clock menu more-arrow no yes

Filed under:

What We Learned Week 2: The Big XII is not Good, Neither was Clemson

New, 41 comments
Central Michigan v Oklahoma State Photo by J Pat Carter/Getty Images

The slate was fairly bare this weekend, but as new data points continue adding to the season, we always learn more.

This week we confirmed our suspicions that the Big XII is bad. That’s not to say the conference is doomed. Texas is on the way back and Cincinnati/Houston will be strong additions if the Big XII pulls the trigger. This weekend though...not good!

Oklahoma State let Central Michigan stick around late in the game and gave the Chippewas a chance at a Hail Mary to win the game in the closing seconds. Watch what happened:

To make it even more painful for Oklahoma State, this came on an untimed down which was deemed to have been incorrectly awarded after the fact.

This could have been us at Auburn. Be thankful it wasn’t!

In addition to Oklahoma State losing to CMU, Kansas lost to Ohio, another MAC team. TCU lost at home to Arkansas in 2OT. Iowa State was pounded by in-state rival Iowa and Texas Tech surrendered 68 points in a loss to Arizona State.

With Oklahoma’s loss to Houston and upcoming game against Ohio State, the Big XII can thank their lucky cowboy boots that Texas beat Notre Dame. The Longhorns and the Baylor Bears are the conference’s best hope for an unlikely playoff bid.

In the ACC, Pittsburgh did their part and beat Penn State. Nobody lost any ridiculous games, but NC State lost to ECU, which is rather unimpressive. In the prime time spot, Virginia Tech wasted a strong 14-0 start against Tennessee by committing turnover after turnover as the Vols seized control and pulled away. Tennessee righted the ship after a near loss to Sun Belt Appalachian State in week 1. The Clemson Tigers will hope to follow suit next week after really struggling with Sun Belt Troy on Saturday.

In my favorite article from former STS writer “The Kraken,” he explains that the “stat of elite-ness” is yards per carry. National Championship teams are consistently among the top teams in yards per carry. Clemson running backs averaged just 3.6 YPC against Troy. This is a legitimate concern.

In week 1, it was easy to credit Auburn’s strong D-line play. It’s not as easy to credit Troy’s D-line play. Why can’t we run the ball anymore? I don’t know how much of this can be blamed on the offensive line versus the running backs, but there didn’t seem to be the kind of wide running lanes I’d expect when a top 5 FBS team plays a Sun Belt opponent (particularly one that isn’t App State or Georgia Southern)! On top of that, Watson had two INTs and receivers seemed to drop it whenever it was on target.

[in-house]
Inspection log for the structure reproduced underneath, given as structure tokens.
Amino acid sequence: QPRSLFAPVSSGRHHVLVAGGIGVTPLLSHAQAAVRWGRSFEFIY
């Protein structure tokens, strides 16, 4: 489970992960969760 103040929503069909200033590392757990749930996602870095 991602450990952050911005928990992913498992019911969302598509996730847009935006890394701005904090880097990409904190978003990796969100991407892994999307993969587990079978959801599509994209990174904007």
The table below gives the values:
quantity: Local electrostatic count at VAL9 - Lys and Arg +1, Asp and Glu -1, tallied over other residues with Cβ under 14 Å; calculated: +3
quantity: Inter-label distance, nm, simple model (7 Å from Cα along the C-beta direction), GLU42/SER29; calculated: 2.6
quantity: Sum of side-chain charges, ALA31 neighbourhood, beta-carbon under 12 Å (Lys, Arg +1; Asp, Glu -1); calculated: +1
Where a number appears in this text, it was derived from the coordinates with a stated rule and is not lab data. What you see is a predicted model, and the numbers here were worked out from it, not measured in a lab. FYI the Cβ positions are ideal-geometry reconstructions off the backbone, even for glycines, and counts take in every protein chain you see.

In the Depth Chart Blue Chip analysis we published to preview the game against Troy, we said we hoped to see the following:

Dominance from the offensive line and Wayne Gallman.

Improved performance from Jordan Leggett.

Watson connects on the deep ball.

Better distribution in the passing game.

Another bust-free game from the Clemson secondary.

The offensive line couldn’t generate a great push for the running backs and let Watson get hit a few times. Leggett registered another drop. Watson almost connected on a great deep ball, but Cain dropped it. Renfrow had a great 35 yard catch, so there was that. The pass catchers were much more diversified, not leaning so heavily on Mike Williams, but there were too many drops to have any appreciation for it. Lastly, we asked for a bust free game from the secondary. The cornerbacks held up fairly well, but there was a 66-yard run, so I’m not sure how much credit to give there either.

Even with all that harsh realism, I’m still hopeful for what Clemson can accomplish. After playing South Carolina, UNC, Oklahoma, Alabama, and Auburn in their previous five games it’s quite possible they were flat and unenthused about playing Troy. Coach Swinney made a big point about wanting to get more back-ups in the game and he started that early.

Combine those two and you can see how they didn’t take this opponent seriously. That doesn’t account for missed blocking assignments and dropped catches, but it could explain a lack of focus.

We’ll learn a lot next week as Clemson gets a chance to correct these problems against SC State before playing GT in Atlanta. Meanwhile, Louisville will host FSU in a huge battle in the conference.